Although patients often select the removable bridge over the fixed bridge because it's less expensive initially, this may not be a wise decision since removable bridges have shorter life spans. In addition, removable bridges often cause unnecessary wear and tear to adjacent teeth.
Your dentist can make a natural- looking temporary bridge—even on the day you lose a tooth! However, the temporary bridge has a relatively short life expectancy and should be replaced with a final bridge as soon as healing takes place.
Conventional Removable Bridge
The conventional removable bridge attaches to adjacent teeth with metal clasps. If these clasps show when you smile, the result can be esthetically displeasing. In such cases, the precision-attachment removable bridge described next should be considered. If you can't afford the precision-attachment method of hiding clasps, then a removable bridge with a tooth-colored flexible clasp can be made to replace the missing teeth. Keep in mind, however, that this clasp doesn't offer the support or the stability of the conventional metal clasp, and the bridge may need to be replaced every few years.
Relatively inexpensive way to replace missing teeth
Helps to balance bite and increases chewing efficiency by replacing missing teeth
Prevents movements of adjacent and opposing teeth
Clasps may cause wear and stress on supporting teeth
Not the most esthetic option, especially when metal clasps are used
What is a precision attachment?
If you object to the metal clasps found in the conventional removable bridge, you may want to get a precision-attachment removable denture. It involves placing a crown on the adjacent tooth or teeth with a place for the attachment in the back so that no clasp shows. Removable bridges that contain precision attachments are usually made of gold-containing alloys combined with porcelain or acrylic teeth. Although considerably more costly than conventional removable bridges, precision-attachment removable bridges offer a much more esthetic result.
Clasps are hidden
More expensive than conventional option
Attachments can break and/or wear
Involves more reduction of teeth
Procera AllCeram, owned by Nobel Biocare, is a CAD/CAM based method which produces a crown by overlaying a very durable ceramic coping of either alumina or zirconia, referred to as a "core", with Vitadur Alpha porcelain. Introduced in 1991, Procera can now be used to produce crowns, bridges and veneers.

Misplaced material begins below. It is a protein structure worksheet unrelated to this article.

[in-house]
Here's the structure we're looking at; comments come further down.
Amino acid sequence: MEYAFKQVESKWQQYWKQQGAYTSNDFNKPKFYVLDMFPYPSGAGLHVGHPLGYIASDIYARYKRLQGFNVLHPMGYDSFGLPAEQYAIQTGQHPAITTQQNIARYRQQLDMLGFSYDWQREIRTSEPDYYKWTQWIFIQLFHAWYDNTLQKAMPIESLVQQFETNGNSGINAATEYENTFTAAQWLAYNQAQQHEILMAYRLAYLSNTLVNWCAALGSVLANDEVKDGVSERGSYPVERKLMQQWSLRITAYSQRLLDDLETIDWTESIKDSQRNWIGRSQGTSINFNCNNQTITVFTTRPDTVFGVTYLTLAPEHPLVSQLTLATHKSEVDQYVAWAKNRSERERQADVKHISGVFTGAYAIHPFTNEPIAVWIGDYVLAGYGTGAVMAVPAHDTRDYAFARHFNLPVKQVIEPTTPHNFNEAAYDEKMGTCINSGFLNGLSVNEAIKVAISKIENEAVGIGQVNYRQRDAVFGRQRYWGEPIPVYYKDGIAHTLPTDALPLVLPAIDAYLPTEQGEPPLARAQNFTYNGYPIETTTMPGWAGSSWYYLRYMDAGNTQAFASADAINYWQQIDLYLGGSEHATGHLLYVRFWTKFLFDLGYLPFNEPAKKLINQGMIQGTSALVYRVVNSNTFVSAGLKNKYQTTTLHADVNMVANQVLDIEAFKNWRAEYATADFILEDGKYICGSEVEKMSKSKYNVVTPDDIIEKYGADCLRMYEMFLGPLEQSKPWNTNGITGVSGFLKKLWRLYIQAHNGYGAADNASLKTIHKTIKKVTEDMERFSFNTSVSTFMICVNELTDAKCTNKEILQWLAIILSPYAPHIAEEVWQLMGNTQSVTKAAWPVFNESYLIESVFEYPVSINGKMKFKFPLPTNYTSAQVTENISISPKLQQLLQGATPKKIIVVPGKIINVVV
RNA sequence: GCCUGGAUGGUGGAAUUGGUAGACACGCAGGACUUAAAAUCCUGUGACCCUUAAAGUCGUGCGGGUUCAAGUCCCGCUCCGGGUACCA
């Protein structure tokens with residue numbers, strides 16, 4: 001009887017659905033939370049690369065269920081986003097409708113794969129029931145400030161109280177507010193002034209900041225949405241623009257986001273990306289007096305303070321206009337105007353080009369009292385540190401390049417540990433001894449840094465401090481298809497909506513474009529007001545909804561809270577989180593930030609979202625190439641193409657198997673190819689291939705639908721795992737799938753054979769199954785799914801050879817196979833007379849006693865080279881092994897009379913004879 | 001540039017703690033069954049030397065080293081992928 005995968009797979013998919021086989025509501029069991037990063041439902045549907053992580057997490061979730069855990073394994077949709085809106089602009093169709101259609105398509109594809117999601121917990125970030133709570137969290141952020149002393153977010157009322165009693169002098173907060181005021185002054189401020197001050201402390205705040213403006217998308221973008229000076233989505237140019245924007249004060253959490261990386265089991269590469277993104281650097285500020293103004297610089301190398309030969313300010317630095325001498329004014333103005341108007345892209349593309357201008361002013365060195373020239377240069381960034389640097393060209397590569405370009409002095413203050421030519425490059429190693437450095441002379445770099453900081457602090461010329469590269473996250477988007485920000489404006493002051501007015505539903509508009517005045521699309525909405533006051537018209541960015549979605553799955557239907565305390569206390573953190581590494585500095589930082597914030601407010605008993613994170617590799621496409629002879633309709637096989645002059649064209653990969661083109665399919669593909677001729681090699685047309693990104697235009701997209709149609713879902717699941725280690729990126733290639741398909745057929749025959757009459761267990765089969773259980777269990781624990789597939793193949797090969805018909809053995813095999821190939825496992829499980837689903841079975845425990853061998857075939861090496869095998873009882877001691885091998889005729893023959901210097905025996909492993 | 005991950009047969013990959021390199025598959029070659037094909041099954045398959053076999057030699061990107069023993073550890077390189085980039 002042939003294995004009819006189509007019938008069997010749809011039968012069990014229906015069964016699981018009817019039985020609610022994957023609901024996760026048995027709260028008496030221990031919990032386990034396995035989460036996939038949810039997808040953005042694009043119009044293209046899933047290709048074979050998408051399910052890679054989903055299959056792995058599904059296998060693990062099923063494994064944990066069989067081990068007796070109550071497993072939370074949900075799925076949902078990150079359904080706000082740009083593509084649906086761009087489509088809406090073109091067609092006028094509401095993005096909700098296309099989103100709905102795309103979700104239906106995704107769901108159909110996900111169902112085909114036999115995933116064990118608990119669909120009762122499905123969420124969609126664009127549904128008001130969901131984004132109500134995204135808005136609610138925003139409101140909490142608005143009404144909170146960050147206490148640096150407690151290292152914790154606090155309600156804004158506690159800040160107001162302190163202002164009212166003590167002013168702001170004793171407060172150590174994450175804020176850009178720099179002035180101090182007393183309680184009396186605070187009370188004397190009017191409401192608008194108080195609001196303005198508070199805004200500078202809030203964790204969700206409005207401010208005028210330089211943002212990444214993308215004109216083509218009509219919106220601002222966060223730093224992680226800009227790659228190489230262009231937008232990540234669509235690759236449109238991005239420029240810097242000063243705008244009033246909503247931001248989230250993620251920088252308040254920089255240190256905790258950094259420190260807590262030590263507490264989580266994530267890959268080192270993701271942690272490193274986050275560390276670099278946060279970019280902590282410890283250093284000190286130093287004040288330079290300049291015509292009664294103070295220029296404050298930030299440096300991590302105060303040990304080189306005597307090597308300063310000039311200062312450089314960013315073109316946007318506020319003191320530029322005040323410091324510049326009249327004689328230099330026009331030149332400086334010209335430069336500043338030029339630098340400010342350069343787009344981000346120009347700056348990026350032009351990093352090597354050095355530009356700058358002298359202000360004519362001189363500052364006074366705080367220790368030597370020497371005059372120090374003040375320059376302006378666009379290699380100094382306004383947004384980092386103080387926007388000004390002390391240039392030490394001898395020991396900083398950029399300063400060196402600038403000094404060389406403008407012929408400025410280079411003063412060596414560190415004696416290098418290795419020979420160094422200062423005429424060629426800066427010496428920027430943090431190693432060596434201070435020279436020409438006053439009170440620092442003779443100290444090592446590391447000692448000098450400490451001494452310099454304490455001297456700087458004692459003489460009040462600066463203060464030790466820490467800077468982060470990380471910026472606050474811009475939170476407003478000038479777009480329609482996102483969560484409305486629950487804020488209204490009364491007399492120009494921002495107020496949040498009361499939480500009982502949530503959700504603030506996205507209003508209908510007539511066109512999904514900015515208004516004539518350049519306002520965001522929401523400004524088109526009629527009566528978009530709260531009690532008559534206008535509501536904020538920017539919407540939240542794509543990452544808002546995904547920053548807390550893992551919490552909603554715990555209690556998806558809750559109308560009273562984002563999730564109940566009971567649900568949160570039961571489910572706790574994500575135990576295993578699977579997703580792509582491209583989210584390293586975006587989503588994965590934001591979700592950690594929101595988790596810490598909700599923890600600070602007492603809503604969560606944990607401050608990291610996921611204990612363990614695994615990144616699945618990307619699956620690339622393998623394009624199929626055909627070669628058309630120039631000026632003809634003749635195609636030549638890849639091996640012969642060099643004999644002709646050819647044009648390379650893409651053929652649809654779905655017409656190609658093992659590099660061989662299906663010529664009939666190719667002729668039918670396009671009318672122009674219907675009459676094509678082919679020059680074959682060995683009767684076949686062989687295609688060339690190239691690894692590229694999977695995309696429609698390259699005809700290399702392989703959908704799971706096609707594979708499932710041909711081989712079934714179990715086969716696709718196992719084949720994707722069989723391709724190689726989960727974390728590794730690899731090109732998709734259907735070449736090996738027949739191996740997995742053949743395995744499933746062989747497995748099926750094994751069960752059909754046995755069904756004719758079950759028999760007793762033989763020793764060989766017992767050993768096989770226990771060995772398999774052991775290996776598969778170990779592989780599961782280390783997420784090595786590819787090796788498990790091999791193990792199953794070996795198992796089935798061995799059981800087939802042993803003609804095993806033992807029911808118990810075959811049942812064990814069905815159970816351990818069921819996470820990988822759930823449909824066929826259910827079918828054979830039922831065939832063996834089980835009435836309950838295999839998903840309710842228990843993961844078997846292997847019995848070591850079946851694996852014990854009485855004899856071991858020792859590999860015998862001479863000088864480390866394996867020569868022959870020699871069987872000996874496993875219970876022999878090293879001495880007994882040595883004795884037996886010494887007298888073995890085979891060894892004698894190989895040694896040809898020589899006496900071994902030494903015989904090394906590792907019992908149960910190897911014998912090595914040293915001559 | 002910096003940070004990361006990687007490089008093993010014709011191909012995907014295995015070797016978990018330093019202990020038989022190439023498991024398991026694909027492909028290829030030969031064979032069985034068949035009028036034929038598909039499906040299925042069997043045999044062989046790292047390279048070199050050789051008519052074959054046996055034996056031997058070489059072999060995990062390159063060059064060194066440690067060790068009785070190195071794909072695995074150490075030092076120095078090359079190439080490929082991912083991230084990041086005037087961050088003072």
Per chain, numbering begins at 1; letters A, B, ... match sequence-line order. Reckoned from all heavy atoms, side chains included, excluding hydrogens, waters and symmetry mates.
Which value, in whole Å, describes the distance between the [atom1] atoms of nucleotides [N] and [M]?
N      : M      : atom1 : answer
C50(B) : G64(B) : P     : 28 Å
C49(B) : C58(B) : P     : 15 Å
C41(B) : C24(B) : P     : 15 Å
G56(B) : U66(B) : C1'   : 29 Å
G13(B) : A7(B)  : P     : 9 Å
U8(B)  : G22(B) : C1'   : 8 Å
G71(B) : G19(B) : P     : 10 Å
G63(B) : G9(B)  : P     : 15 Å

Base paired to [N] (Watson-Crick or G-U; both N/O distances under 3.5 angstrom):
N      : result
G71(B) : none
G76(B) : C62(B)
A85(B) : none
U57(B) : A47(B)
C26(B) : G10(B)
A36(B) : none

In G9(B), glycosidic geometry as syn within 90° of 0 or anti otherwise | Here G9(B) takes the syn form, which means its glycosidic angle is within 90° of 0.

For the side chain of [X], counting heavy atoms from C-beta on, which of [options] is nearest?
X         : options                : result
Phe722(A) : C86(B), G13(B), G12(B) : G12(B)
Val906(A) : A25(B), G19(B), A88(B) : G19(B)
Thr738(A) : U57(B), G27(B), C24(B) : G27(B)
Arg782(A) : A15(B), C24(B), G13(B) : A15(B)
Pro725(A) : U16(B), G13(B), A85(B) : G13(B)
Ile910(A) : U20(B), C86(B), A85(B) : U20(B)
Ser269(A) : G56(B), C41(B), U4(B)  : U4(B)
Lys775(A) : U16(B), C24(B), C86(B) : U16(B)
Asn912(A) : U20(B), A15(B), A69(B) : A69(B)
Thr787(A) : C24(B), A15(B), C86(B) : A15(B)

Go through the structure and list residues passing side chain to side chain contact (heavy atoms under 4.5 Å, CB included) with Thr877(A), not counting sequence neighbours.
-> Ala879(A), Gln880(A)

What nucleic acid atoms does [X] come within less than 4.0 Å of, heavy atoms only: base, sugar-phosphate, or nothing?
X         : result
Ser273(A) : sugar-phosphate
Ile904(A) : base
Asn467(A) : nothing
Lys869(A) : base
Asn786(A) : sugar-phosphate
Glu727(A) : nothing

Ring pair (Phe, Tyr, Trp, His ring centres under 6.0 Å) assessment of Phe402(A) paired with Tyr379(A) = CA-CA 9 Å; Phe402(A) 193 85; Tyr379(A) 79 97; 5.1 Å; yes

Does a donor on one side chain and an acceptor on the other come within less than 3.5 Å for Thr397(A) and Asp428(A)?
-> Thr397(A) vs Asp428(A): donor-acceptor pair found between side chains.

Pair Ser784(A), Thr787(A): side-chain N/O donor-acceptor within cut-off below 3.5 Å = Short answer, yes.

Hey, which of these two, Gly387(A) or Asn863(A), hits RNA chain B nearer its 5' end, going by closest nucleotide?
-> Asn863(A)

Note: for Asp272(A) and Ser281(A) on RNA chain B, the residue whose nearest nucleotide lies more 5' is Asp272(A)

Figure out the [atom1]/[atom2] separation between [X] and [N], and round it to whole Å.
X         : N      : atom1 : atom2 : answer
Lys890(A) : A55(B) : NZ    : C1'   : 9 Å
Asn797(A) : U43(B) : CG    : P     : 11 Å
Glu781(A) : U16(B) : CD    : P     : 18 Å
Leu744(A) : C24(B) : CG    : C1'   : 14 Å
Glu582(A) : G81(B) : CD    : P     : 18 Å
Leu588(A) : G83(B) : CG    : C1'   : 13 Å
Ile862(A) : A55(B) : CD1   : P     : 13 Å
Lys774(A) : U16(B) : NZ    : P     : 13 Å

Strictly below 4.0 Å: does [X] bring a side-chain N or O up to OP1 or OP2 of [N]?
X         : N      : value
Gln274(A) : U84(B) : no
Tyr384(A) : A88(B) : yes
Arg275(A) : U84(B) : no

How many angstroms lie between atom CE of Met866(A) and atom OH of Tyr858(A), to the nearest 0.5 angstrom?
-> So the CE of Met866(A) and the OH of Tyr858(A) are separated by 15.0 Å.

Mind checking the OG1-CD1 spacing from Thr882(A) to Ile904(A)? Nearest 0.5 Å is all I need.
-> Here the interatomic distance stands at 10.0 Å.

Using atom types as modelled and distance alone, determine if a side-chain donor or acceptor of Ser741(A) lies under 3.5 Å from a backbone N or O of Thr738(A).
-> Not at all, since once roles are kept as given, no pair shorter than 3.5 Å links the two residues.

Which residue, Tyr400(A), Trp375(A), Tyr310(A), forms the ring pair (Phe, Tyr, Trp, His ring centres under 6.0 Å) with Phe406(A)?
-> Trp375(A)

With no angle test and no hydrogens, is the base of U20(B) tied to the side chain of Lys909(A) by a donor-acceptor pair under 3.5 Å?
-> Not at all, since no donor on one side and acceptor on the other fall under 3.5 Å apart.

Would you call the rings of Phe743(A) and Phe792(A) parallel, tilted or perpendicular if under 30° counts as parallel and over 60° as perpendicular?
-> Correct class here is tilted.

Bonded metal Precious Non Precious Metal
Chairside CAD/CAM Dentistry
The CAD/CAM method of fabricating all-ceramic restorations is by electronically capturing and storing a photographic image of the prepared tooth and, using computer technology, crafting a 3D restoration design that conforms to all the necessary specifications of the proposed inlay, onlay or single-unit crown; there is no impression. After selecting the proper features and making various decisions on the computerized model, the dentist directs the computer to send the information to a local milling machine. This machine will then use its specially designed diamond burs to mill the restoration from a solid ingot of a ceramic of pre-determined shade to match the patient's tooth. After about 20 minutes, the restoration is complete, and the dentist sections it from the remainder of the unmilled ingot and tries it in the mouth. If the restoration fits well, the dentist can cement the restoration immediately. A dental CAD/CAM machine costs roughly £100,000, with continued purchase of ceramic ingots and milling burs.
Typically, over 95% of the restorations made using Dental CAD/CAM and Vita Mark I and Mark II blocks are still clinically successful after 5 years.Further, at least 90% of restorations still function successfully after 10 years Advantages of the Mark II blocks over ceramic blocks include: they wear down as fast as natural teeth, their failure loads are very similar to those of natural teeth, and the wear pattern of Mark II against enamel is similar to that of enamel against enamel